June 28, 2007

such a long time it has been

I think the uniqueness (and specialness) of this ranch life comes into sharper focus for me after spending a little time away from it. Having just returned from a perfectly fabulous week on the East Coast with nearly all of my favorite people, I am finally finally feeling like I have something to say and share here. I could use the excuse that I was "too busy to blog", which as excuses go would be fairly easy to justify, but even good excuses are lame. And I think my first observation is closer to the truth: it had been nearly six months since I'd left the ranch and I guess I needed a little trip to throw things into perspective.

It has been almost three months since my last post, so I guess I've got a little catching up to do. But I also think 'catching up' is kind of lame. I'll add a few pictures a bit later on to provide some sensation of the passage of time. And like kindred spirits, let's skip the recap and jump right back into the NOW.

The turkeys are mulling under the mulberry tree most days, gobbling up all the berries that the crazy winds have been felling. I have only picked a few handfulls for immediate enjoyment. Also to add a few purple stains to the summer patina of my hands, which I am embarassingly vain about. Dirt encrusted callouses from weeding and hoeing. A deep dark tan highlighting my little 27-year-old wrinkles. Green and purple splotches from pulling grass and picking mulberries. Dirt under my fingernails. I look at my summer hands with secret pride.

The mice have decided to move back into the house. I was hoping the 'men of the house' (of which there are now two - brother Adam who graduated from college and is back for good and our friend Layne who is working out here for the summer) would deal with the mouse problem while I was on vacation. No such luck, however, so I guess I'll dig out the traps and peanut butter this afternoon. The return of the mice coincided rather suspiciously with the recent dwindling of our cat population. I think I counted something like 15 cats at one point and now we're down to 4: Max, Mama, and the two grey kittens. I adopted out the two orange kittens, but the other cats have either moved elsewhere or met their death. I'm hoping Mama will have another batch of kittens yet this summer, but she isn't showing any signs as yet.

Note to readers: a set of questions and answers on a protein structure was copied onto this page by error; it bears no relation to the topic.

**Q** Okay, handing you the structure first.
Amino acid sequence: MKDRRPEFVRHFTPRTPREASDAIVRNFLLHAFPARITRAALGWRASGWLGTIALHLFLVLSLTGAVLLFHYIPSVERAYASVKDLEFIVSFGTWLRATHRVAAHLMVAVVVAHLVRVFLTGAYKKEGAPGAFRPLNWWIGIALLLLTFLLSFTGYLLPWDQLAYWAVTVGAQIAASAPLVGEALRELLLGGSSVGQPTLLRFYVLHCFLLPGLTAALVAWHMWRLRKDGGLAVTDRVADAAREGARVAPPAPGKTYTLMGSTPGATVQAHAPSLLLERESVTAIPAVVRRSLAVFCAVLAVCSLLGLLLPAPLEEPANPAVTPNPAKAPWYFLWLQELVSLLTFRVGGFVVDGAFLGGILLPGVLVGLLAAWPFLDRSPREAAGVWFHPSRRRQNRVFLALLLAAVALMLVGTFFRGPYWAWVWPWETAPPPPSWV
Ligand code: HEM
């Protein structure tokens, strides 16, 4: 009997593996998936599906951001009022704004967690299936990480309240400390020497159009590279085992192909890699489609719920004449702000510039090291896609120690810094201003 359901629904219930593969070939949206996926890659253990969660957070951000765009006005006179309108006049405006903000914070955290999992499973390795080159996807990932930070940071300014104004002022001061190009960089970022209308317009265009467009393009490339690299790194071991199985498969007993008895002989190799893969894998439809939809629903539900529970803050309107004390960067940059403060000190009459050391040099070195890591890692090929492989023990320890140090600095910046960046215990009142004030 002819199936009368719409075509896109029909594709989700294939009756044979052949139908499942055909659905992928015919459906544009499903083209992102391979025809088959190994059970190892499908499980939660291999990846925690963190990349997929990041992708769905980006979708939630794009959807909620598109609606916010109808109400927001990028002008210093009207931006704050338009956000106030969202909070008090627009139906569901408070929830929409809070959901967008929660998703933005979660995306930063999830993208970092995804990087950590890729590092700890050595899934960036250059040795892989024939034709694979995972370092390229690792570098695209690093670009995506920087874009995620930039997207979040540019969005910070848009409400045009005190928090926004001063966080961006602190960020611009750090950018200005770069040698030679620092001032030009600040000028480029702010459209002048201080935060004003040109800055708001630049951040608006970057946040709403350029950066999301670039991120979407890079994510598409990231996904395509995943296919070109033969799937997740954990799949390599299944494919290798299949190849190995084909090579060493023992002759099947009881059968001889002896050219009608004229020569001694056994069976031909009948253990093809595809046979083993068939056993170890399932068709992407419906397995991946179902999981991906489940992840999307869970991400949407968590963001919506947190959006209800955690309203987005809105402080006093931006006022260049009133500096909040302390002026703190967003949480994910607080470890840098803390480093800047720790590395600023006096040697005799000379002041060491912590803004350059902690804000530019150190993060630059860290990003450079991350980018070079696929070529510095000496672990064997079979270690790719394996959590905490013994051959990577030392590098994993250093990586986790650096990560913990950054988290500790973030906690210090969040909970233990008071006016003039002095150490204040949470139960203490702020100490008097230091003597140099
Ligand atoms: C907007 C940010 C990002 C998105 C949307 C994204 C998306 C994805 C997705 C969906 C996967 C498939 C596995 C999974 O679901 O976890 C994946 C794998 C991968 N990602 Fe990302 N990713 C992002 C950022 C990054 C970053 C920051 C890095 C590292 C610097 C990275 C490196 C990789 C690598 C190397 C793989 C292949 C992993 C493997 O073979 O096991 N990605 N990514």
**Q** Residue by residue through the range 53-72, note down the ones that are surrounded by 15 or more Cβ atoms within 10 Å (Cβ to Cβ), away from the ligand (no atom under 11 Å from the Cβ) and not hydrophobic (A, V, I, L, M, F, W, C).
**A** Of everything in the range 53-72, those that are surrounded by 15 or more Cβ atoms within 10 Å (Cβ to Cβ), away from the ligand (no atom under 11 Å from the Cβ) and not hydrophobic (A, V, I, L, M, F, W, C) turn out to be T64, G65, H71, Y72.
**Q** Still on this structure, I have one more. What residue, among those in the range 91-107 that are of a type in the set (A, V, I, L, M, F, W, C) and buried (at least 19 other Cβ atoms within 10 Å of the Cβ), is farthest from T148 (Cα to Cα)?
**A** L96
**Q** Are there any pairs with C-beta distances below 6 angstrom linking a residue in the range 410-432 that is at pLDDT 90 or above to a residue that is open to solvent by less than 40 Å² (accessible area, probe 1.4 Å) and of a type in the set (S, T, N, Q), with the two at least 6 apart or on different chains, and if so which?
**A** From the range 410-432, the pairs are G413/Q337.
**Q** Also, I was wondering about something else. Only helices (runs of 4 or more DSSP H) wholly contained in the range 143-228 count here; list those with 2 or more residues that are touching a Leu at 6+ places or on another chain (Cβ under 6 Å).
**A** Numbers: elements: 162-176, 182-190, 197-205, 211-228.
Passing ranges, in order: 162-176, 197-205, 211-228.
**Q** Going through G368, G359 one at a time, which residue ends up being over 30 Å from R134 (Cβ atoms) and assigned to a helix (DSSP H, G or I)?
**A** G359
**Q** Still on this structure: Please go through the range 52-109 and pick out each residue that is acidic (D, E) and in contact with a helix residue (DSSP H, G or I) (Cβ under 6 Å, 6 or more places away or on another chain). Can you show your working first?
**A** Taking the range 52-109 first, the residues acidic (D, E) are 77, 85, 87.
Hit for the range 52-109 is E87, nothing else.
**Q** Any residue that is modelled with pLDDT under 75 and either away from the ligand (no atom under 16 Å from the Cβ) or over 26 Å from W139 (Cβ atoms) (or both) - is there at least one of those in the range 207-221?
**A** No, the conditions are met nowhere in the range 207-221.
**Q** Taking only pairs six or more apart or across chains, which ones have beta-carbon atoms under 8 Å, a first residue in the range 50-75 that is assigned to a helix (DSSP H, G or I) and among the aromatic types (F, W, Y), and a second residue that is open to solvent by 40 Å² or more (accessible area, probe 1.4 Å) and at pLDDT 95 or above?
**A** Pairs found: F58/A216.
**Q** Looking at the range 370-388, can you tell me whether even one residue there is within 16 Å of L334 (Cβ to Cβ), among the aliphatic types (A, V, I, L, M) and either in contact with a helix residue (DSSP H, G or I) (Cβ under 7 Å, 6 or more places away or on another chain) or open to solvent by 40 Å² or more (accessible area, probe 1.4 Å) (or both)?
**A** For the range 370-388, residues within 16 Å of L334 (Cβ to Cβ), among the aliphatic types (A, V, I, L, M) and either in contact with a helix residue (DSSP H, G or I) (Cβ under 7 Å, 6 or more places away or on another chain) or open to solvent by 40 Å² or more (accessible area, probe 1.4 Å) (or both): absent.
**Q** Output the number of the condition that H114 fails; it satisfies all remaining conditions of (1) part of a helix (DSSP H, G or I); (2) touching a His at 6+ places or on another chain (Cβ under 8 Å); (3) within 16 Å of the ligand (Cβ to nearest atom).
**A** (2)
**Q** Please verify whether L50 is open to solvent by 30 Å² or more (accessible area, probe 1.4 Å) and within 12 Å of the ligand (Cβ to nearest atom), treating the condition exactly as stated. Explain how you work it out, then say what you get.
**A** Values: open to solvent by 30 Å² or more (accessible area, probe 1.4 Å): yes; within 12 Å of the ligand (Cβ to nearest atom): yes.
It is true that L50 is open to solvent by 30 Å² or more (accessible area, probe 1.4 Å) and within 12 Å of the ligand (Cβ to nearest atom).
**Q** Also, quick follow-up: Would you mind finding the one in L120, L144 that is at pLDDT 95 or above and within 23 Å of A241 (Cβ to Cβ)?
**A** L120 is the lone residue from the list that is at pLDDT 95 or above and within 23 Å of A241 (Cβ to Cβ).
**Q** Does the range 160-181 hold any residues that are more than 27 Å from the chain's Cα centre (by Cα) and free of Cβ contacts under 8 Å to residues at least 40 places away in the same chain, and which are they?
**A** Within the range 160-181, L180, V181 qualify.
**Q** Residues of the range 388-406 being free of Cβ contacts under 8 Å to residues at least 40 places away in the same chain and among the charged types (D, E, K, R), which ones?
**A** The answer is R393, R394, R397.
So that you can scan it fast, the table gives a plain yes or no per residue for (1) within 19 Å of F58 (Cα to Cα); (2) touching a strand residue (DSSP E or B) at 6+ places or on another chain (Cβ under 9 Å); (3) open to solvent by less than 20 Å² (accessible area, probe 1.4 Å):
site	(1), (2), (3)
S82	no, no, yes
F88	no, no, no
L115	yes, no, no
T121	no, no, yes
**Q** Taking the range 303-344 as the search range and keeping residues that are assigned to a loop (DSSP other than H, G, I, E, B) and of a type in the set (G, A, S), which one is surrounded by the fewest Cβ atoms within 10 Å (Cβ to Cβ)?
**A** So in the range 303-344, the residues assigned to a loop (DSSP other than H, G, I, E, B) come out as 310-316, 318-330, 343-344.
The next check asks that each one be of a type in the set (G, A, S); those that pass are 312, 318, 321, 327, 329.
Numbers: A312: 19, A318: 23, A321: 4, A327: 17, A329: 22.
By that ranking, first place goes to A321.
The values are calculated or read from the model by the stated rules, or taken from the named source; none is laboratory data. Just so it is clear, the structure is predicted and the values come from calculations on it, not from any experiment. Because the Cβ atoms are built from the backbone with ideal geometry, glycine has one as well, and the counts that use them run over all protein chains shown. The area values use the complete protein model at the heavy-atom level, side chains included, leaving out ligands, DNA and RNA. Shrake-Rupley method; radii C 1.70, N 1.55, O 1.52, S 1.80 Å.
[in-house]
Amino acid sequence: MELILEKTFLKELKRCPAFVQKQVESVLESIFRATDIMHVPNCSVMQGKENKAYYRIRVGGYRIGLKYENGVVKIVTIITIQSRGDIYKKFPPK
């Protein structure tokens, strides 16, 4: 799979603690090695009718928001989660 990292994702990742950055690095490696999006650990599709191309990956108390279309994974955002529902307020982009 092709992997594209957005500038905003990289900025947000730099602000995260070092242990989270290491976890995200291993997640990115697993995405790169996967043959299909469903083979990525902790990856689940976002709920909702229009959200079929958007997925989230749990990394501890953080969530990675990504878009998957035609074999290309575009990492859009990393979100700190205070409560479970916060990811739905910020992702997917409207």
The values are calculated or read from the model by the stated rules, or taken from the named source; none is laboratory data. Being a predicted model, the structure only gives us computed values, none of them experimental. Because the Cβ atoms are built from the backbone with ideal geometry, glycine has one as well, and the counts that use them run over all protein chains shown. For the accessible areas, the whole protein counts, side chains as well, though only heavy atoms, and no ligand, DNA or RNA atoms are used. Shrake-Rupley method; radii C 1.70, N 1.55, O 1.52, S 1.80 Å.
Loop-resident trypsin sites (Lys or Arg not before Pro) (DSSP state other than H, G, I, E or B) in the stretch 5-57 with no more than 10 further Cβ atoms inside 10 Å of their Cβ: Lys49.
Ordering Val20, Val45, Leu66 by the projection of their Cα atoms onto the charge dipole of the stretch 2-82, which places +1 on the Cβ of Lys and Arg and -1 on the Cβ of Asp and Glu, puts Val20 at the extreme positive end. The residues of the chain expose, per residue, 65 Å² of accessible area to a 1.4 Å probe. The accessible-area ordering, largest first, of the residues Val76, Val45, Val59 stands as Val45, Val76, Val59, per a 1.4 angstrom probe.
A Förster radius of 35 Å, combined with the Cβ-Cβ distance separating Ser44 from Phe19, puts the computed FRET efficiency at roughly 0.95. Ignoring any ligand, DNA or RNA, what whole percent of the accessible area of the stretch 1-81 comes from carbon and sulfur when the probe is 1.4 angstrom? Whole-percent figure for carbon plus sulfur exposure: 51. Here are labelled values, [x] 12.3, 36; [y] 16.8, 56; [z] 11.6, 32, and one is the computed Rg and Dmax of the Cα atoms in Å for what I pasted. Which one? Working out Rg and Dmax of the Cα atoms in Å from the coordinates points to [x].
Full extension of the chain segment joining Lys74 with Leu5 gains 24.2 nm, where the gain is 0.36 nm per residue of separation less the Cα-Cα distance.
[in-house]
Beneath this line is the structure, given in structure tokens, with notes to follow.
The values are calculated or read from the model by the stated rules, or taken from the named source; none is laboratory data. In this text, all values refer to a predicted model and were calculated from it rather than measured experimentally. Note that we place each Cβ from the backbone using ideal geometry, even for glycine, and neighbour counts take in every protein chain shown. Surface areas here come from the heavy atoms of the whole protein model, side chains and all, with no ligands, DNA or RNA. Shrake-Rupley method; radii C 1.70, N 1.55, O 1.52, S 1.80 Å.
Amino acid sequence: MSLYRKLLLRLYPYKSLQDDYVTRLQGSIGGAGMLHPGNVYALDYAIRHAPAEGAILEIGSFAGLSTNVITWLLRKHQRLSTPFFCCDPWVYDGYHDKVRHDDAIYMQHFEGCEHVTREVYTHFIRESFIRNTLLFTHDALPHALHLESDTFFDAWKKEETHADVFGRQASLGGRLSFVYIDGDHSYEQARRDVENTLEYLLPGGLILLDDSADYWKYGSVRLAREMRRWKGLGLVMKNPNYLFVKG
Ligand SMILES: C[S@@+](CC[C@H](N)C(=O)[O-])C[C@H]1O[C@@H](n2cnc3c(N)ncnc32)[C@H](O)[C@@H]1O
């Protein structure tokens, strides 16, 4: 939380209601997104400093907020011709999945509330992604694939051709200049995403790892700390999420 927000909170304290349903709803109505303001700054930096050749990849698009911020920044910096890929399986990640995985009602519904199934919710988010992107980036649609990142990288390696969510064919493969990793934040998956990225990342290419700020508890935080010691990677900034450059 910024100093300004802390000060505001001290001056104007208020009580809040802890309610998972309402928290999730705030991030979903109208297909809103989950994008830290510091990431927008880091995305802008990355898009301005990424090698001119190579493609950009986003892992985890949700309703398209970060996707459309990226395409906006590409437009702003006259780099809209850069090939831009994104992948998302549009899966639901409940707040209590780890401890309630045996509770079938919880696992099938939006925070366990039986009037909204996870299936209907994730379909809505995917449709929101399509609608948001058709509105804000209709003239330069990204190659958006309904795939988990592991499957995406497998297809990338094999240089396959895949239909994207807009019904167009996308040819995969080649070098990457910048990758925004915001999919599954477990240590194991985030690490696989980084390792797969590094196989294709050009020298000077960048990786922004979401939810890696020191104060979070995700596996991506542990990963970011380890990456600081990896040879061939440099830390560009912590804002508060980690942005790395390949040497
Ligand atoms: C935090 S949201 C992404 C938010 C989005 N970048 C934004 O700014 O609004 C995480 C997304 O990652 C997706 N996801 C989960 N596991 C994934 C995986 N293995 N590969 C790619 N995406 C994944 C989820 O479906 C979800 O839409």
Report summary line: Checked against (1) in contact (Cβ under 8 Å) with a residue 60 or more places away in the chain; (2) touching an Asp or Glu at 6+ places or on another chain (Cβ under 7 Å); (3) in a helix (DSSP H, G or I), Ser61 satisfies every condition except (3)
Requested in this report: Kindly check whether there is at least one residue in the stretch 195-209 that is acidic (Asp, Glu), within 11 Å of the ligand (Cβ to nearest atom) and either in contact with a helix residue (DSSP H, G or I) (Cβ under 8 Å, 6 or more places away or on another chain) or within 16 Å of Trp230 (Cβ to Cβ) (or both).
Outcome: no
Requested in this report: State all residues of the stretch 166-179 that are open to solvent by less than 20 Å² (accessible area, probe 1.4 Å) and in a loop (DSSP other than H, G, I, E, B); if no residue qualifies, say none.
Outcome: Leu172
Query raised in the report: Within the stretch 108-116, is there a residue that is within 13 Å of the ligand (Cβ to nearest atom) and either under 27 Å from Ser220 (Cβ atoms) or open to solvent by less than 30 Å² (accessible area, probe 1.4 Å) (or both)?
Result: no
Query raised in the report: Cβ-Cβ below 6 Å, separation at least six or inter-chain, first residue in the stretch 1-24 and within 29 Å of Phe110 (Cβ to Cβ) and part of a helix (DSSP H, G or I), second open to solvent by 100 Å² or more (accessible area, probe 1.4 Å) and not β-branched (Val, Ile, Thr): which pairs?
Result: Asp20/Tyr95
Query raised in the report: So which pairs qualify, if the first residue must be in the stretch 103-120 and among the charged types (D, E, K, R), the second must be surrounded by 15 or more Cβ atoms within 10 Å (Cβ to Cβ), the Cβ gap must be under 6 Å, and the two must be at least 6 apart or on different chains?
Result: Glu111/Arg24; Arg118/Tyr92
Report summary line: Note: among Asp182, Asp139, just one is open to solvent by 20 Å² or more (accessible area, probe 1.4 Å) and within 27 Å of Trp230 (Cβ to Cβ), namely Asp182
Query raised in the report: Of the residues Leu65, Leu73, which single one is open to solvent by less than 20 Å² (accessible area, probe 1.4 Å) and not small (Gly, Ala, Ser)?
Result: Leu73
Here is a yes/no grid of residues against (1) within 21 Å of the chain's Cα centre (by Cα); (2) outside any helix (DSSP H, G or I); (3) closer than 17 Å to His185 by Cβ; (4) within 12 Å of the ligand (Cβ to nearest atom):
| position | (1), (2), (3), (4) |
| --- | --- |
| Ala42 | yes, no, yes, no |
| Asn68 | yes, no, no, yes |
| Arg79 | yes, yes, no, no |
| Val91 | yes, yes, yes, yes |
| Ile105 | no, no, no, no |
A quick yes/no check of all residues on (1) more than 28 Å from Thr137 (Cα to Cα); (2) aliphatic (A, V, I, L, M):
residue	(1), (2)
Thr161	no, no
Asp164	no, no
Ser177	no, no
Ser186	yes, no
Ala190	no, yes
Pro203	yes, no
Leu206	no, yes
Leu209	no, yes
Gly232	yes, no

Adam must have remembered to water my garden for me last week because it grew beyond my wildest expectations while I was away. My tomatoes are bursting out the tops of their cages, with oodles of blossoms and a few fruits already setting on. My green beans finally rooted in and should be producing soon. The squash are covered in blossoms, though the vines are not too big yet. And the basil could probably be thinned for the first batch of pesto. The corn is only 6 or 8 inches tall - 'knee high by the 4th of July' seems unlikely, but it seems healthy otherwise. The potatoes and anasazi beans have bushed out incredibly. And my fennel is over a foot tall already. I think I'll have one or two more asparagus cuttings before I let them go to seed. It has been SUCH a treat to have so much fresh asaragus. Sometimes I eat it moments after picking, but other times I just trim the ends and set them in a glass of water in the fridge for a few days, until I have a big bunch.

I usually spend an hour or two each day, in the cool of the morning and the late evening, puttering in my garden. I set my coffee/beer on the stump and ruthlessly weed and carefully thin and tend and watch. I am so so delighted by my garden. Also proud and fulfilled and contented. Sentimental though it sounds, I truly can't wait to share the harvests with my family and neighbors.

Also, there is this very big project happening: LINK

I will say more about it in a comment. It is not really happening "On The Ranch", but it is something worth commenting on here nevertheless.

1 comment:



Go look at the pictures.

George planted grapes about 5 or 6 years ago. We thought we'd make wine. But then our friend Noah said, "Hey guys, why don't you make vinegar?". So we looked into it. It seemed like a great idea. Lots of people got excited about it, including some folks who decide who gets grant monies. They gave us some money to help build our vinegar facility.

Then the ranch happened...and we were a little busy. Time was running out on our grant, so in March we basically had to kick it into high gear.